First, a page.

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Neurosurgery. 2003 Sep;53(3):754-9; discussion 760-1.

Recurrence of a vertebral artery dissecting pseudoaneurysm after successful stent-supported coil embolization: case report.

Author information

1
Division of Neurological Surgery, Barrow Neurological Institute, St. Joseph's Hospital and Medical Center, Phoenix, Arizona 85013, USA.

Abstract

OBJECTIVE AND IMPORTANCE:

Dissecting aneurysms of the intracranial vertebral artery are increasingly recognized as a cause of subarachnoid hemorrhage. We present a case involving technical success of the stent-supported coil embolization but with recurrence of the dissecting pseudoaneurysm of the intracranial vertebral artery. The implications for the endovascular management of ruptured dissecting pseudoaneurysms of the intracranial vertebral artery are discussed.

CLINICAL PRESENTATION:

A 36-year-old man with a remote history of head injury had recovered functionally to the point of independent living. He experienced the spontaneous onset of severe head and neck pain, which progressed rapidly to obtundation. A computed tomographic scan of the head revealed subarachnoid hemorrhage centered in the posterior fossa. The patient underwent cerebral angiography, which revealed dilation of the distal left vertebral artery consistent with a dissecting pseudoaneurysm.

INTERVENTION:

Transfemoral access was achieved under general anesthesia, and two overlapping stents (3 mm in diameter and 14 mm long) were placed to cover the entire dissected segment. Follow-up angiography of the left vertebral artery showed the placement of the stents across the neck of the aneurysm; coil placement was satisfactory, with no residual aneurysm filling. Approximately 6 weeks after the patient's initial presentation, he developed the sudden onset of severe neck pain. A computed tomographic scan showed no subarachnoid hemorrhage, but computed tomographic angiography revealed that the previously treated left vertebral artery aneurysm had recurred. Angiography confirmed a recurrent pseudoaneurysm around the previously placed Guglielmi detachable coils. A test balloon occlusion was performed for 30 minutes. The patient's neurological examination was stable throughout the test occlusion period. Guglielmi detachable coil embolization of the left vertebral artery was then performed, sacrificing the artery at the level of the dissection. After the procedure was completed, no new neurological deficits occurred. On the second day after the procedure, the patient was discharged from the hospital. He was alert, oriented, and able to walk.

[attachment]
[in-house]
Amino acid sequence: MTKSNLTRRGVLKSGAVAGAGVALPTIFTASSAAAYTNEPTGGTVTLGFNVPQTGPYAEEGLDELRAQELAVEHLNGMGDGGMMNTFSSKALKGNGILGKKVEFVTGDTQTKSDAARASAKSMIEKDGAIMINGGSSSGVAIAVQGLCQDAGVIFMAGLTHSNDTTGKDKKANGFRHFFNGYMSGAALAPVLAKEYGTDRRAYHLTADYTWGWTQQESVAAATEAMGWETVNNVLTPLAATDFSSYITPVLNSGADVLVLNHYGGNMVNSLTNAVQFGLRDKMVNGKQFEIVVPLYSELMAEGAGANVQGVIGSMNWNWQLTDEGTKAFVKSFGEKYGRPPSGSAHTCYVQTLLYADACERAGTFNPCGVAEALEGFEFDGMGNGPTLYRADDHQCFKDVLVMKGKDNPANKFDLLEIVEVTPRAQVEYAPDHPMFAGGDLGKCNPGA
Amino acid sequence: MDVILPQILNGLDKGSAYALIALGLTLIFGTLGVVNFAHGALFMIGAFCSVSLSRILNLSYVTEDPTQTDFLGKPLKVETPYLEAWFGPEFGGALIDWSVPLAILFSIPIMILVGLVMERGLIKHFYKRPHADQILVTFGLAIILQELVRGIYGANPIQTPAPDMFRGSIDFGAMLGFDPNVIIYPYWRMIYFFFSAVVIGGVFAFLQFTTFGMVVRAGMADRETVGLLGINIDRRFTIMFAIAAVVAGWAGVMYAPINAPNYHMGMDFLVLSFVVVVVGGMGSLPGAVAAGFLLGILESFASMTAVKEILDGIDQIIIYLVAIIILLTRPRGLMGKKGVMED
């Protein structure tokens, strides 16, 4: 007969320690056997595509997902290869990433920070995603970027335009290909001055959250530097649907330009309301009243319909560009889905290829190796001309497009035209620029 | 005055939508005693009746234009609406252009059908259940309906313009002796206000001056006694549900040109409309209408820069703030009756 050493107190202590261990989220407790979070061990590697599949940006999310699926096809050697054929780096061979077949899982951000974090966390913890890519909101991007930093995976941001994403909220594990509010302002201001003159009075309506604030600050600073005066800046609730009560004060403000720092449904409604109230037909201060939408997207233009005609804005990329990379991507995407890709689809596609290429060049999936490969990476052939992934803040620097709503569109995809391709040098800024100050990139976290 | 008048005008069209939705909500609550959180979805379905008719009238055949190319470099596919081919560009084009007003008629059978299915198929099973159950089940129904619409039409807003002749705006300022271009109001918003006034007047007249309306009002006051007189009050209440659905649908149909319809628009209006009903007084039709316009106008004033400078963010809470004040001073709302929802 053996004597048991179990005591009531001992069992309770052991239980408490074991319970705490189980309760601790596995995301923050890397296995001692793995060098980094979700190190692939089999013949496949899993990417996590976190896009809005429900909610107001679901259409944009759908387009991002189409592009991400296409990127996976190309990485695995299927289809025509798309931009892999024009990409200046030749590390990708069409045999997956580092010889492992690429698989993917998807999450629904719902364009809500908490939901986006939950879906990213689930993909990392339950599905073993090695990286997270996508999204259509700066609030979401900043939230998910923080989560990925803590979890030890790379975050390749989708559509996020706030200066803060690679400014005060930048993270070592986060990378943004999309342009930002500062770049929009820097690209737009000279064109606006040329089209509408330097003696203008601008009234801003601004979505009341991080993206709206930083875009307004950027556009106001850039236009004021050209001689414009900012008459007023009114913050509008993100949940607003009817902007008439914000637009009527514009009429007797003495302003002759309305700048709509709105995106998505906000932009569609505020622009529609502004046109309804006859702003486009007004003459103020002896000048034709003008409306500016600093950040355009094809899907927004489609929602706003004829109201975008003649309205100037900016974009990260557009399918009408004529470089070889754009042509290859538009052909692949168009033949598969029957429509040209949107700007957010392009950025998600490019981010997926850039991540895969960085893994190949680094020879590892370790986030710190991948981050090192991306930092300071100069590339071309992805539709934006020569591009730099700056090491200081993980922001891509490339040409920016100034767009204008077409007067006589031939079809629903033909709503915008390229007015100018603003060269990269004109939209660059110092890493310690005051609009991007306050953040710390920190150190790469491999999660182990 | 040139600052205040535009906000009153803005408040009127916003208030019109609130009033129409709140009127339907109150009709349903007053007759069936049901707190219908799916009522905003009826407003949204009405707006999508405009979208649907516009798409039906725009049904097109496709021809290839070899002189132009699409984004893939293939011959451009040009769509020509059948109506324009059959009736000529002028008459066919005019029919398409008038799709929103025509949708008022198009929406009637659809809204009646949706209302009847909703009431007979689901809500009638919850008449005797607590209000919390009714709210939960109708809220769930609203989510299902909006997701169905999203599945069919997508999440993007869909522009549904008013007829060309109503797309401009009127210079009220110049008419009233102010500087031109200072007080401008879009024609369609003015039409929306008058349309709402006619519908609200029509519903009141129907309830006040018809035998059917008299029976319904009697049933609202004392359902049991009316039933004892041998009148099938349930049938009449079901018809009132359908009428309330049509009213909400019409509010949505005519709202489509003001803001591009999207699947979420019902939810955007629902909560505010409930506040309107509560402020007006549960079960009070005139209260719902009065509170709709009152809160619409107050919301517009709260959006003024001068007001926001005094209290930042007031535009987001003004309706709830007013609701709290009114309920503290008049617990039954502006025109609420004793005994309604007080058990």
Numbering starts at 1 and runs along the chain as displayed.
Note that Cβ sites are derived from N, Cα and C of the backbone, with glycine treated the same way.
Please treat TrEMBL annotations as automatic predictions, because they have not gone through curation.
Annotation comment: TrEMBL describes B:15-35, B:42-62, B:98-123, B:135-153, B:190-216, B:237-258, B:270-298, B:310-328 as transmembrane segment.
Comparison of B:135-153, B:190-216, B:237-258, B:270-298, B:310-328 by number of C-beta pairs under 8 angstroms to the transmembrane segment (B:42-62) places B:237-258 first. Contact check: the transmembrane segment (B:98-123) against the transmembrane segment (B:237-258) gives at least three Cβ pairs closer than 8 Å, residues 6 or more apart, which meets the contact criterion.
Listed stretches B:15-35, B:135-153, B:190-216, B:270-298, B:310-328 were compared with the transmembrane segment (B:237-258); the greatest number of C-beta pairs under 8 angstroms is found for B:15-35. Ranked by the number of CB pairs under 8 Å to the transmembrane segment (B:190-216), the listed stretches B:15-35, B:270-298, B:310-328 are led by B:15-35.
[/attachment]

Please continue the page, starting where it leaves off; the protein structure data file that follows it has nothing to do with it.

CONCLUSION:

We appreciate the value of preserving a parent vessel when a dissecting pseudoaneurysm of the intracranial vertebral artery ruptures in patients with inadequate collateral blood flow, in patients with disease involving the contralateral vertebral artery, or in patients with both. However, our case represents a cautionary note that patients treated in this fashion require close clinical follow-up. We suggest that parent vessel occlusion be considered the first option for treatment in patients who will tolerate sacrifice of the parent vessel along its diseased segment. In the future, covered stent technology may resolve this dilemma for many of these patients.

[Indexed for MEDLINE]

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